I spent the morning reading emails for my new position and contemplating the future. I have also been thinking a lot about purpose and timing and what happens when you stand.
Once-upon-a-time, I directed a program and worked essentially free for three years. My meager compensation was to help pay for school supplies for my children and really was not a contribution to my family budget, my husband took care of all that - it was to not simply give away all my years of experience, contacts, and donations to this fledgling organization.
Needless to say, it was not easy, nothing ever is when working with an entrenched family-owned non-profit that while saying it wanted to grow, expand, and reach new markets, really found itself hard pressed to move away from old, hindering practices. Me and my primarily corporate background, advanced degrees, organizational skills, and management style came against their cultural norm of more laissez-faire.
It has been two summers since we ended our relationship and it came to mind today that it was simply a three year training for what I am embarking on now. That was my appointed time to deal with those young people - the good, the bad, and the ugly. To manage through relationships with vendors and to even shoulder the responsibility for things the staff did. I stood and continue to stand in the face of opposition that came my way.
My proudest things were bringing in several hundred dollars, purchasing the entire new computer system from my non-profit, procuring and building a library, bringing in more volunteers, bringing in paying families, and elevating the image of the program in the eyes of several in the public.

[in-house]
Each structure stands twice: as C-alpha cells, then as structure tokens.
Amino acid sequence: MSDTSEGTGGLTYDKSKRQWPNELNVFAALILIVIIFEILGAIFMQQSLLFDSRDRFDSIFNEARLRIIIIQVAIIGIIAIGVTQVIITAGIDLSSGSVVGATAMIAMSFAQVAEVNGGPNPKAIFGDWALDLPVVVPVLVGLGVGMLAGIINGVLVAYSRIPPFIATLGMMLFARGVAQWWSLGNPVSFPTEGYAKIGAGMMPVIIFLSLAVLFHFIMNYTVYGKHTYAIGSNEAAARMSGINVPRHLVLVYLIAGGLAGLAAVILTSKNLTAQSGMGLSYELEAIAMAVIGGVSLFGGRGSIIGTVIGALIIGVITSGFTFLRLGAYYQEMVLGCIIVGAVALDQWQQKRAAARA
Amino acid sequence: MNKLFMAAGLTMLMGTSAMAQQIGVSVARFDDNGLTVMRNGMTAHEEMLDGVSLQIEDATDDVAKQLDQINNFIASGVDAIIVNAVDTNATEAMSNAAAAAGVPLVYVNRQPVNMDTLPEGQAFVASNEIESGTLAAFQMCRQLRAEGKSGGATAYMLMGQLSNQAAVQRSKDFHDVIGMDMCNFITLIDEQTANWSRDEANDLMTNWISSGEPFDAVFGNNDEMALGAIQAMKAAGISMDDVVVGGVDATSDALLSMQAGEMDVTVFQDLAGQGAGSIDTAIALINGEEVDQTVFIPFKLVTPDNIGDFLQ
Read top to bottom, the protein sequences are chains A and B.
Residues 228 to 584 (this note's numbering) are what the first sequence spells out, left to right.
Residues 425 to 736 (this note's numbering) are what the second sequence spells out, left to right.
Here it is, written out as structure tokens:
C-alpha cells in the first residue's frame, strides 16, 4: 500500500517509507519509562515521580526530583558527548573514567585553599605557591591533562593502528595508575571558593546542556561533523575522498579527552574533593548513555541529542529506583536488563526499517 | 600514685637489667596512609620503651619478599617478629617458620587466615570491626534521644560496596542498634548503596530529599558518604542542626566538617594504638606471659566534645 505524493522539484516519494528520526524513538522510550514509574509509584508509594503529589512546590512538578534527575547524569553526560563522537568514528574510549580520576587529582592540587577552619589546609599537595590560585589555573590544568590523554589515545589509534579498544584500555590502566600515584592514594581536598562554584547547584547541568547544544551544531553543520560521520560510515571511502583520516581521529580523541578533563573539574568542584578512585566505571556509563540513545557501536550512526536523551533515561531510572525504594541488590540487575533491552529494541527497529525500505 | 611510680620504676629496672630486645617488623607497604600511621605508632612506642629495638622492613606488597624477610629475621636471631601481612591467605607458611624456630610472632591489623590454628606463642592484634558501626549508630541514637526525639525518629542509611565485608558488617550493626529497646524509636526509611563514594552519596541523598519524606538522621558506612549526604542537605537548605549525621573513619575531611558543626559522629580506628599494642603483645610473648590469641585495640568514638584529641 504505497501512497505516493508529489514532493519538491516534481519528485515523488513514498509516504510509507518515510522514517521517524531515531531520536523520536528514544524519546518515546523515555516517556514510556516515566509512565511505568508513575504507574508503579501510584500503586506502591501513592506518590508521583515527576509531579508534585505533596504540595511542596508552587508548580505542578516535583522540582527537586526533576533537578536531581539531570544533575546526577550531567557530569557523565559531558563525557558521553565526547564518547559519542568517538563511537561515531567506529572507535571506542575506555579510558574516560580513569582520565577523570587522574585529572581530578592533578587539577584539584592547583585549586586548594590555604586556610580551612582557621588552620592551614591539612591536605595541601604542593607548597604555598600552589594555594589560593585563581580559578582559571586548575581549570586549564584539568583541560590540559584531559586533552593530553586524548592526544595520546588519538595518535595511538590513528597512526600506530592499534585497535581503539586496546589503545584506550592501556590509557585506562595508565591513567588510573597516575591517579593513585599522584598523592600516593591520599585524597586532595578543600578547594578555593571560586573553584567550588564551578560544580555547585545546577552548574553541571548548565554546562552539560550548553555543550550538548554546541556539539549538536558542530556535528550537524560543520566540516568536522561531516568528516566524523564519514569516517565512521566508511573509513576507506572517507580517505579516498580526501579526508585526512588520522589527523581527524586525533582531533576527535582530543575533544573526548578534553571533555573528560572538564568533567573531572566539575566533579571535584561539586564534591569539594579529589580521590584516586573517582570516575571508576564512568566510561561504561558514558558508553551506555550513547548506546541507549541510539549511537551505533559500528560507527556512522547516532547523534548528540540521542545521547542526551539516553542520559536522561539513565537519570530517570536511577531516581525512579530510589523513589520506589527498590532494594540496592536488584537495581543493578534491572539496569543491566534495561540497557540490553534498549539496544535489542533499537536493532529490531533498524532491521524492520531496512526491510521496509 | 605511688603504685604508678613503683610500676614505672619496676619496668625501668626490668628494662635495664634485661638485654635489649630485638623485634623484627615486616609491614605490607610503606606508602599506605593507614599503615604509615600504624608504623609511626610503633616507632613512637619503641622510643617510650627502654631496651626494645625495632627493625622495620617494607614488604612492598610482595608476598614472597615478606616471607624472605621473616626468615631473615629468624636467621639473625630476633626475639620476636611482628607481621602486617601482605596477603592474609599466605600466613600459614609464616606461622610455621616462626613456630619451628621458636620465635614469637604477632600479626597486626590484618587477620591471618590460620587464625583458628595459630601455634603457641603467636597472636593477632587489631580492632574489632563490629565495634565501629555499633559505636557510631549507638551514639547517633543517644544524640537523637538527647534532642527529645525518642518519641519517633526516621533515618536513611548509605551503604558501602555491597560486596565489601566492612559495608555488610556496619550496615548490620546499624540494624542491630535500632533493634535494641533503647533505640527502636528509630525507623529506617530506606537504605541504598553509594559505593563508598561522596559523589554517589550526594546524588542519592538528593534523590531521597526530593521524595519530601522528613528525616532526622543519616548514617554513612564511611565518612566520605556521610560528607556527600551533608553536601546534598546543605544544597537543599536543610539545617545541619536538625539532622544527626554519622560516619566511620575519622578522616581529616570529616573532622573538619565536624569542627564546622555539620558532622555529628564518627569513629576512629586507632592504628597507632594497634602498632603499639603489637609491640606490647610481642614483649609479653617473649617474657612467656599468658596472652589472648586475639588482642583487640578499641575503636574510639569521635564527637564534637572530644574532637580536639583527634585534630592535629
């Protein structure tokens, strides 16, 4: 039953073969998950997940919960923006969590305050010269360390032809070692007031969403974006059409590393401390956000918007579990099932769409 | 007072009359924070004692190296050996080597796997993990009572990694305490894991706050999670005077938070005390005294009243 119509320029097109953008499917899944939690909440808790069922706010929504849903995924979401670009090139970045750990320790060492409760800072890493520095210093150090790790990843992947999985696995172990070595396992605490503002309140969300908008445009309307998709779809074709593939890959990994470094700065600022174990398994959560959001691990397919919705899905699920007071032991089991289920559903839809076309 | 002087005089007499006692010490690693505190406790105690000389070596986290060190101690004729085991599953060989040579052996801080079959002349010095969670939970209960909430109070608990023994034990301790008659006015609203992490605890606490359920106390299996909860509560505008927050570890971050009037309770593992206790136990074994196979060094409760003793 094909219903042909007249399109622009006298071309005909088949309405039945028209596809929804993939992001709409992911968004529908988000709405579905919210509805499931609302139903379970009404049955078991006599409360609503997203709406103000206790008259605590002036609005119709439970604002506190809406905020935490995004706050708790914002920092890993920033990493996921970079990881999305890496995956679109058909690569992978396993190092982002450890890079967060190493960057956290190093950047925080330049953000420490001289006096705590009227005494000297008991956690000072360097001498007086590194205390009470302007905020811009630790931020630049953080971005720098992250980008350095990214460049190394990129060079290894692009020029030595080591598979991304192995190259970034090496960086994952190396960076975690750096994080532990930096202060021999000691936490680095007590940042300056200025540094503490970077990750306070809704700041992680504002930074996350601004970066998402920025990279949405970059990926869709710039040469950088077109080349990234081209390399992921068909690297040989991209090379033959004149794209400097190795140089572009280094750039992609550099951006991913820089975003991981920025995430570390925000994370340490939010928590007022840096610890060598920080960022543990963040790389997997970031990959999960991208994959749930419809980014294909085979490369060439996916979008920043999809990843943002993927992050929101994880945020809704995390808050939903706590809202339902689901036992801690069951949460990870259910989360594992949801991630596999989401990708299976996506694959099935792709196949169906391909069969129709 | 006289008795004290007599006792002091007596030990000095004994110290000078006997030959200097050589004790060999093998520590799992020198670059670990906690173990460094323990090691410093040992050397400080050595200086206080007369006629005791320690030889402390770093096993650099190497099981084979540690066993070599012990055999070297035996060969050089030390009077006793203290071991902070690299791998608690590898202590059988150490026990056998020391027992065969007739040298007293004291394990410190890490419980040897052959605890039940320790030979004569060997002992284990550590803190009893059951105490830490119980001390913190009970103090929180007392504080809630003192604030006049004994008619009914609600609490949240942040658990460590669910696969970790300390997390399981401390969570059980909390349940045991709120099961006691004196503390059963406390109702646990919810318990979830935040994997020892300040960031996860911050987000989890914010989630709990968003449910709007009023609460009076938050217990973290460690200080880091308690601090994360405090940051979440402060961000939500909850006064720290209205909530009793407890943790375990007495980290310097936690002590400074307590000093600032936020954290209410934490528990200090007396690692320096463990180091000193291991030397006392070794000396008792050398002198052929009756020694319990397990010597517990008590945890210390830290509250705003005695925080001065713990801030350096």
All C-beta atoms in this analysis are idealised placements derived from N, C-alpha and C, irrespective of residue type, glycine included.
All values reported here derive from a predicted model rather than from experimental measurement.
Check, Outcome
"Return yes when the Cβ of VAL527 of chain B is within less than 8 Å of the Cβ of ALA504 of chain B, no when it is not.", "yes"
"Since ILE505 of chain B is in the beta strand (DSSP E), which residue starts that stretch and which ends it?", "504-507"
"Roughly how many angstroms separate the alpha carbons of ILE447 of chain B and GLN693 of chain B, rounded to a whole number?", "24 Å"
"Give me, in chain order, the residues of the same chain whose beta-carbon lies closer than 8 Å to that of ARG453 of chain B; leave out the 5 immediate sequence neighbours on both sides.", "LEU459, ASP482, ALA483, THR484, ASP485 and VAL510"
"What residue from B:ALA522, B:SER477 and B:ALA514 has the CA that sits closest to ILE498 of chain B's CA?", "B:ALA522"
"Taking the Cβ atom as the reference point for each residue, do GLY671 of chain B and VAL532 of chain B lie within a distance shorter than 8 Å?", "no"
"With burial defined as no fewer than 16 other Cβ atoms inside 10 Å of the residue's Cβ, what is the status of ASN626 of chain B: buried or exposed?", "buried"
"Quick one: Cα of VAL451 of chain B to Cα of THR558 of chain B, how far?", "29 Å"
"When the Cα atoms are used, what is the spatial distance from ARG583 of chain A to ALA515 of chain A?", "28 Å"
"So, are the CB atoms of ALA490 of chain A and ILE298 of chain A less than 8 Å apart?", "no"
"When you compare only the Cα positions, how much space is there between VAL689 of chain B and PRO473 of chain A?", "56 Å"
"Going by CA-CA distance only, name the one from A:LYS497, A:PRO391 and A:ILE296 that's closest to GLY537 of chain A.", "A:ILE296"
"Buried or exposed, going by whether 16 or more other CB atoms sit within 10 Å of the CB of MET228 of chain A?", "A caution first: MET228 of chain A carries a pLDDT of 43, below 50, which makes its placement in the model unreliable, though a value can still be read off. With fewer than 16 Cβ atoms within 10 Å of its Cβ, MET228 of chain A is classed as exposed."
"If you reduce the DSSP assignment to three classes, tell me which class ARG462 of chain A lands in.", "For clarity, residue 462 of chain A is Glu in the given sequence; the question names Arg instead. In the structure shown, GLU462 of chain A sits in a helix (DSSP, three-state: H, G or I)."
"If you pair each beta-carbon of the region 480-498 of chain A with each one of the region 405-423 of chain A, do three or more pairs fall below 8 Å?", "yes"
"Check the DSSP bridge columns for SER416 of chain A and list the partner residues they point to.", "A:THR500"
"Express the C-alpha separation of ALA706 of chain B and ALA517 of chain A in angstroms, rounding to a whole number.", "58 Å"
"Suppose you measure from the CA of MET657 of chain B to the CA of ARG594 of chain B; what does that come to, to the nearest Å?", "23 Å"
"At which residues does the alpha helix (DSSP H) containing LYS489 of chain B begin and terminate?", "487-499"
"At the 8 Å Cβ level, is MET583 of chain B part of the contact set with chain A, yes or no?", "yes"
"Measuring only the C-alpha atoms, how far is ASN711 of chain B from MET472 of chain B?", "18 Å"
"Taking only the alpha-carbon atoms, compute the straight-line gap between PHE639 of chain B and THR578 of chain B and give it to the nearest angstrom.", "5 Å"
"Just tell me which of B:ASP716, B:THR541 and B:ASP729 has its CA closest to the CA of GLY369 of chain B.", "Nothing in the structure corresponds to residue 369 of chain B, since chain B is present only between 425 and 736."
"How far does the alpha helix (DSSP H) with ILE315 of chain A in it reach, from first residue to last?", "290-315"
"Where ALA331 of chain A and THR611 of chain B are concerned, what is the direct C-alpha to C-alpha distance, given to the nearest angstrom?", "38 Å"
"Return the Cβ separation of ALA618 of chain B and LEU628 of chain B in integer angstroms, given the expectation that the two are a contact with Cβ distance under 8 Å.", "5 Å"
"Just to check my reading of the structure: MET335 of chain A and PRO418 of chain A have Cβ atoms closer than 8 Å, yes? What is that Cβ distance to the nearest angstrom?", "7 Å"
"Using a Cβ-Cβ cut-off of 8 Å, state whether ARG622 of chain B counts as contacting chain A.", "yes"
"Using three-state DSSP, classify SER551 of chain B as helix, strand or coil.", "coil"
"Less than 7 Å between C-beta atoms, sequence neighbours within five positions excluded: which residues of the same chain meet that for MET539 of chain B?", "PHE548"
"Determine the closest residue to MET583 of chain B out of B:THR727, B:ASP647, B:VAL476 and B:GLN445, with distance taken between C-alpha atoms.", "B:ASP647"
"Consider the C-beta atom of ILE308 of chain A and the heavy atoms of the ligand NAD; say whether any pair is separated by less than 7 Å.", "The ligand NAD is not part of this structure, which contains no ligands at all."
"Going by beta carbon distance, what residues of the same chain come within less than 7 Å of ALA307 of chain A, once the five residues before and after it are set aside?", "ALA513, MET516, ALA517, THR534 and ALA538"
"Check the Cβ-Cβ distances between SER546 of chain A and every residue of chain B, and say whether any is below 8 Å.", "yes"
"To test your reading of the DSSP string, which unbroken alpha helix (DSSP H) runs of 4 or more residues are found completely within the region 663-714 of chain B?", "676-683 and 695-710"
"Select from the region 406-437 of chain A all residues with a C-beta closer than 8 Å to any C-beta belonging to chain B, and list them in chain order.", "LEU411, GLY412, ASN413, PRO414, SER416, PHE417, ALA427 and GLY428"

The biggest regret is that I did not fully absorb the entrenchment of that insular culture, that family business, and that they would appoint an uneducated replacement because that was family that needed a job. It was never a job to me, it was a labor of love.
As a new chapter of my life unfolds, I do have to stop and appreciate all that I learned and all that I was able to contribute during those three years. The greatest reward has been the affirmation from former staff and students who did declare that I was the best they had ever had, that they appreciated my professional demeanor, and that the truth of things always have a way of surfacing, that people and their limitations can not stand in the face of the great plans HE has for me.
Life is a journey and a process. It continues to unfold.